Dagmar Hirschfelder: Tronie und Porträt

Rezensiert von: Lyckle de Vries, Groningen

Some critics use the word 'tronie' as the name of a genre comparable to that of landscape or portrait but this a recent development, not justified by the way in which seventeenth-century sources apply the word. Hirschfelder rightly concludes that we don’t have a useable definition for this class of paintings yet, and she tries to find it by studying the similarities and differences between tronies and related groups of paintings. Every single aspect of this limited subject is carefully analysed and this monolith of solidity and thoroughness could be considered a classic in the field of art history, if only an editor had been hired to reduce its text by 30%, reorganising it and making superfluous the many repetitions that seem to be unavoidable in the book’s present structure. This is my main objection to an otherwise admirable book.
The author concludes that the makers of 'tronies' aimed for the depiction of highly interesting types of figures with characteristic physiognomies, and at the same time tried to demonstrate their virtuosity in all aspects of their craft. She states that the 'tronie' originated in Leiden and Haarlem in the third decade of the seventeenth century, where Jan Lievens, Rembrandt and Frans Hals were its inventors. This choice implies a definition: a painting is a 'tronie' when it has the characteristics these three artists gave to their 'tronies'. The author’s criteria are mostly negative; a 'tronie' is a head or a half-figure without significant attributes or actions, not identified as a figure from history, literature, mythology or the Bible. The face is not stereotyped as the representative of one of the social or psychological groups we know from genre painting, such as the quick-tempered 'Capitano', the miser or the glutton. Although the model can be identified in some cases, the 'tronie' is no portrait.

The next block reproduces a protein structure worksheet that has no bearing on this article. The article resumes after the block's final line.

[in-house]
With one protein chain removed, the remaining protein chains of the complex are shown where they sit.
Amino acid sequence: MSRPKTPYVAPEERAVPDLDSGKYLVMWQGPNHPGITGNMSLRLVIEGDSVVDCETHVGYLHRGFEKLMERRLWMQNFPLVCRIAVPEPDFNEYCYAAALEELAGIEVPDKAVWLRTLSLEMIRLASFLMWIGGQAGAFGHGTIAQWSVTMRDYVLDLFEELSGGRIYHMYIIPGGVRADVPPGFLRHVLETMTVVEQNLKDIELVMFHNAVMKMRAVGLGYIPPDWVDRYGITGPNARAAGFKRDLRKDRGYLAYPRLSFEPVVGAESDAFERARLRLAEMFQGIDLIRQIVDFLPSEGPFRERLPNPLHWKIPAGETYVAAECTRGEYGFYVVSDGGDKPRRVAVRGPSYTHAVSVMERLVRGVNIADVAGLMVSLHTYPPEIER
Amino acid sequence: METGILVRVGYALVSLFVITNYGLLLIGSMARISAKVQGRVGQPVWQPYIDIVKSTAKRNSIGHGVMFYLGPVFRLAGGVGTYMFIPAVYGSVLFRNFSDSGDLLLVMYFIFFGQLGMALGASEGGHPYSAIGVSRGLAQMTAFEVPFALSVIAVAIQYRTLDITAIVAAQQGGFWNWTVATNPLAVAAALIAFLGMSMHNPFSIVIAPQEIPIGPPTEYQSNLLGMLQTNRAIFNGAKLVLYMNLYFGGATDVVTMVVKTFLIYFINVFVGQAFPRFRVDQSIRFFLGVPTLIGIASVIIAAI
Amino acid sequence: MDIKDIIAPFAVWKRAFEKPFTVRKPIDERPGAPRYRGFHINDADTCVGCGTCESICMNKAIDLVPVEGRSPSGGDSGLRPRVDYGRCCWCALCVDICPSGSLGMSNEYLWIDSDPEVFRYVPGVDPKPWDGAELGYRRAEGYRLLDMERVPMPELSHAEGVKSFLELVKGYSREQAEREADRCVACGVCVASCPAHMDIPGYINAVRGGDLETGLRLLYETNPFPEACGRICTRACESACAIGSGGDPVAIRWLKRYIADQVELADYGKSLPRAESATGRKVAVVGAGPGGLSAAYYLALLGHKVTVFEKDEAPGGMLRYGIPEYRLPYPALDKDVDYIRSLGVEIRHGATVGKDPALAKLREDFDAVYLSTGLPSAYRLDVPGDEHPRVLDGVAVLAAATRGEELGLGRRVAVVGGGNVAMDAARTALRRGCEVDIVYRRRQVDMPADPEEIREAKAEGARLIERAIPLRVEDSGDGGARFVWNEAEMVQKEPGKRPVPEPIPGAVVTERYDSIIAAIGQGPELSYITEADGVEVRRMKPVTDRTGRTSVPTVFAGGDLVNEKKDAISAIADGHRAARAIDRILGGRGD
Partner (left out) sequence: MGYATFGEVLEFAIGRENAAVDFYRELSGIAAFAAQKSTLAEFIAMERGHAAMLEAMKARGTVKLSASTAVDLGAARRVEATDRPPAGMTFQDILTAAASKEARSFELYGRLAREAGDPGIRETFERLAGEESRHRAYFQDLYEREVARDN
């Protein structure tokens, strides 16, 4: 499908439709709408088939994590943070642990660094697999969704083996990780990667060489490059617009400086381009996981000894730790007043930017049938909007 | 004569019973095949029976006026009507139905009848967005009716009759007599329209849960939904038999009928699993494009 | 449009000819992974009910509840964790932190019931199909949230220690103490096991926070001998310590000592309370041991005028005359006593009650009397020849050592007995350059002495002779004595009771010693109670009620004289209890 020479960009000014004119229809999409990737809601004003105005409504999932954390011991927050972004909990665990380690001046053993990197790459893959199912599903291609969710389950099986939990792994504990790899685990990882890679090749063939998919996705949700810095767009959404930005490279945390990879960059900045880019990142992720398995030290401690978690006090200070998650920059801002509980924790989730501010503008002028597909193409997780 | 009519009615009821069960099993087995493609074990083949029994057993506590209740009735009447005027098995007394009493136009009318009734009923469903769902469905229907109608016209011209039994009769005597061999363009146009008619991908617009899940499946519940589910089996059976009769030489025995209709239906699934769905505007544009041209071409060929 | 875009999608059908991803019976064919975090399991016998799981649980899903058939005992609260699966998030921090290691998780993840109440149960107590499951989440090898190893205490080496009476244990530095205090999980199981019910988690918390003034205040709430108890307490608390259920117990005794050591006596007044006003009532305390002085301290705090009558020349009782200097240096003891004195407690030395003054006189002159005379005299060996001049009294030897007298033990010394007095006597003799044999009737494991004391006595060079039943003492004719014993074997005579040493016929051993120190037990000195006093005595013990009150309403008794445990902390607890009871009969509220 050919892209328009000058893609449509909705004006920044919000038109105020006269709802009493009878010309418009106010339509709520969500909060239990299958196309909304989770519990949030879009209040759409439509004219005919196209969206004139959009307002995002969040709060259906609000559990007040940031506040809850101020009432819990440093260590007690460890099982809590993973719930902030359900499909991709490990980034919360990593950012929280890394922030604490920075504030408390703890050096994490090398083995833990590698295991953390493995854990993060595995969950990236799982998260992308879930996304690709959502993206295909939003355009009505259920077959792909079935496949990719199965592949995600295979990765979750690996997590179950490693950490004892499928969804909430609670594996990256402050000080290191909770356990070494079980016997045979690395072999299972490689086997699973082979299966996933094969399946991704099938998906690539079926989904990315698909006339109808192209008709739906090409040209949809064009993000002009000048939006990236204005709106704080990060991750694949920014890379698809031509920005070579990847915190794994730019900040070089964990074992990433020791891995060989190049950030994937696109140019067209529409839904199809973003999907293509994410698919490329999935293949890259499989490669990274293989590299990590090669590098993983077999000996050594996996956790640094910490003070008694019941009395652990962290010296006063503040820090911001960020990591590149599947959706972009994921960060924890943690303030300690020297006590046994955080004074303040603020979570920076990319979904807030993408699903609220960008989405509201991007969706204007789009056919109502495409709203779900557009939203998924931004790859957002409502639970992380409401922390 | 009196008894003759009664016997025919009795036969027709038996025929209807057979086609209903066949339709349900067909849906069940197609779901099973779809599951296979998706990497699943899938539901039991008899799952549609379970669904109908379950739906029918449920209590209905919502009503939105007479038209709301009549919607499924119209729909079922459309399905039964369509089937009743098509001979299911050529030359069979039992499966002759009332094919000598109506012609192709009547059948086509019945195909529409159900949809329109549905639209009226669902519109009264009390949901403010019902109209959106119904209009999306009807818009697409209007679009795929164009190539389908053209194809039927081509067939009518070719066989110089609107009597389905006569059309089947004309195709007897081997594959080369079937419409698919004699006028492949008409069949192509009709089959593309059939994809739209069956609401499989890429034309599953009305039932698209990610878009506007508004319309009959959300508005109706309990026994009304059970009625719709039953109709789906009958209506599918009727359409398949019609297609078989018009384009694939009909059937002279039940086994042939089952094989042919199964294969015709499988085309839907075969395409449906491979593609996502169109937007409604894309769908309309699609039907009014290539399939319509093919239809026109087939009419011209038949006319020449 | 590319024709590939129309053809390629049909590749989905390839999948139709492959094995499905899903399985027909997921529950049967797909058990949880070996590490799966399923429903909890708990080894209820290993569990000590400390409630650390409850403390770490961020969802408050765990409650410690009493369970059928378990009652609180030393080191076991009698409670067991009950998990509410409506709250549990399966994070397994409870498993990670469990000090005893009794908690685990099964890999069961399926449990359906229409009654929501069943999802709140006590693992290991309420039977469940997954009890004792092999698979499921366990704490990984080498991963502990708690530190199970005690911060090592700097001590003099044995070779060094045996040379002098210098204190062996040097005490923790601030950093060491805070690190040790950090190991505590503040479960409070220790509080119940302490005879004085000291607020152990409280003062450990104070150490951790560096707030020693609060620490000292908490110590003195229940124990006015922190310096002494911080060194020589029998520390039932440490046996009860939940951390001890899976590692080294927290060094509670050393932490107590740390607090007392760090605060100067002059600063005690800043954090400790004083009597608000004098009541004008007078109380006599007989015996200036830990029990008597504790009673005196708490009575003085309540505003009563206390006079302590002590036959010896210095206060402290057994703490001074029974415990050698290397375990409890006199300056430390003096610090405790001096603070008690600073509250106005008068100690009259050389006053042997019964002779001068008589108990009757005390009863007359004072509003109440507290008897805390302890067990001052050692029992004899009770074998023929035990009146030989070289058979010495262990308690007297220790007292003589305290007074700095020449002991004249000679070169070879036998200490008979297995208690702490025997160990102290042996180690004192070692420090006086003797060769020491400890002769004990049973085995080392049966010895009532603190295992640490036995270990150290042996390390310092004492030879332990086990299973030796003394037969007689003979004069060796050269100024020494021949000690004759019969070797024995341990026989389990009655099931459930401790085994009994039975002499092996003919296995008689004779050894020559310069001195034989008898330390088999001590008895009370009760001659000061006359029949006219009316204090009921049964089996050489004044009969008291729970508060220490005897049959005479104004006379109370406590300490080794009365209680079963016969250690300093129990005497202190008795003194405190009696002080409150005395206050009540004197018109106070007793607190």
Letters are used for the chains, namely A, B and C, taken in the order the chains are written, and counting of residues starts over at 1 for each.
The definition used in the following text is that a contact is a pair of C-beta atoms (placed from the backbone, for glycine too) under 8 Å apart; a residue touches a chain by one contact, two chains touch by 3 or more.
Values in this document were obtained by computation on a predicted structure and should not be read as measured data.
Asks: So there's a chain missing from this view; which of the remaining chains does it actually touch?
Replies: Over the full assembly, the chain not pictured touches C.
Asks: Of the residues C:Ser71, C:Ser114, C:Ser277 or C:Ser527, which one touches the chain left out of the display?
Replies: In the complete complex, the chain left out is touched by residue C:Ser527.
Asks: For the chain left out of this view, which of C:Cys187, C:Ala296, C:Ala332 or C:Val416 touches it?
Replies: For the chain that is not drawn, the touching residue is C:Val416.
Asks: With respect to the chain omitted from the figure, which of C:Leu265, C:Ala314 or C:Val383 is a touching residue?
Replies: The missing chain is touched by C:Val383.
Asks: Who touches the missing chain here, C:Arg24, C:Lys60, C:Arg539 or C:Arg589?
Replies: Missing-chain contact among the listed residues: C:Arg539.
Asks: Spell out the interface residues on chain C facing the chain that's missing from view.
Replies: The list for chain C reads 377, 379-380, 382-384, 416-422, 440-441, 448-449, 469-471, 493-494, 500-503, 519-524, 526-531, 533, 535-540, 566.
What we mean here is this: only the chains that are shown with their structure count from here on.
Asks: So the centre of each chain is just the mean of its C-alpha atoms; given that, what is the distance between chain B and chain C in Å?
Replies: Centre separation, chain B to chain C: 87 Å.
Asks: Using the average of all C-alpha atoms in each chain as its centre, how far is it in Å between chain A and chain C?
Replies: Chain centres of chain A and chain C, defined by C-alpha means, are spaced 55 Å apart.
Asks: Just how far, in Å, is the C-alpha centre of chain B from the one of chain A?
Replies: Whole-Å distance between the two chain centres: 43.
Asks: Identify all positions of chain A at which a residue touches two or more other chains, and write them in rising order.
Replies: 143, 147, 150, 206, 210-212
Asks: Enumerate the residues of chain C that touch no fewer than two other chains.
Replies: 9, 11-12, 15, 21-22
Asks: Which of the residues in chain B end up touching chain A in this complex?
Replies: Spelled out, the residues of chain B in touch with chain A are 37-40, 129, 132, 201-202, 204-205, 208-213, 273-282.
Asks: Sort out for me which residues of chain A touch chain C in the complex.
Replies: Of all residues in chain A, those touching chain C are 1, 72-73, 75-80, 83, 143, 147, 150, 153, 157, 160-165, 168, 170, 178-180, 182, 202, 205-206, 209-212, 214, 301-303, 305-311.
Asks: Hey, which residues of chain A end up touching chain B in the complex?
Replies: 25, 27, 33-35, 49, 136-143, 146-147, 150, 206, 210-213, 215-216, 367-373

Hirschfelder adds one more criterion: ‘realism’ (I will come back to the use of this term). For this reason she excludes all sixteenth-century and early seventeenth-century heads, busts and half figures. They are not 'tronies', but works of precursors, the author states. Bloemaert and Van Honthorst are excluded also; from 1621 onwards, they elaborated caravaggesque examples in which lighting effects and facial expressions were studied, but the Utrecht masters characterised their protagonists by manipulating and intensifying well-known stereotypes, not working 'naer het leeven' (ad vivum). Neither did they experiment with a free and personally varied brush stroke as Hals, Lievens and Rembrandt did.
Pieter Bruegel and his son Pieter the younger are possible exceptions: some of their expressive heads may or may not have been done after life, and their example was imitated by specialists in low-life genre. Hirschfelder treats the 'tronies' of Adriaen van Ostade and others in a separate chapter as being outside her field of research. They certainly are 'tronies', but they are too easily recognised as such, whereas her special interest is the exploration of the terra incognita in between the 'tronie' and other genres such as the portrait (as the title of her book indicates). Giving Van Ostade and his predecessors from the Southern Netherlands their due would have upset Hirschfelder’s chronology, because the Brueghels were evidently earlier than Lievens and Hals.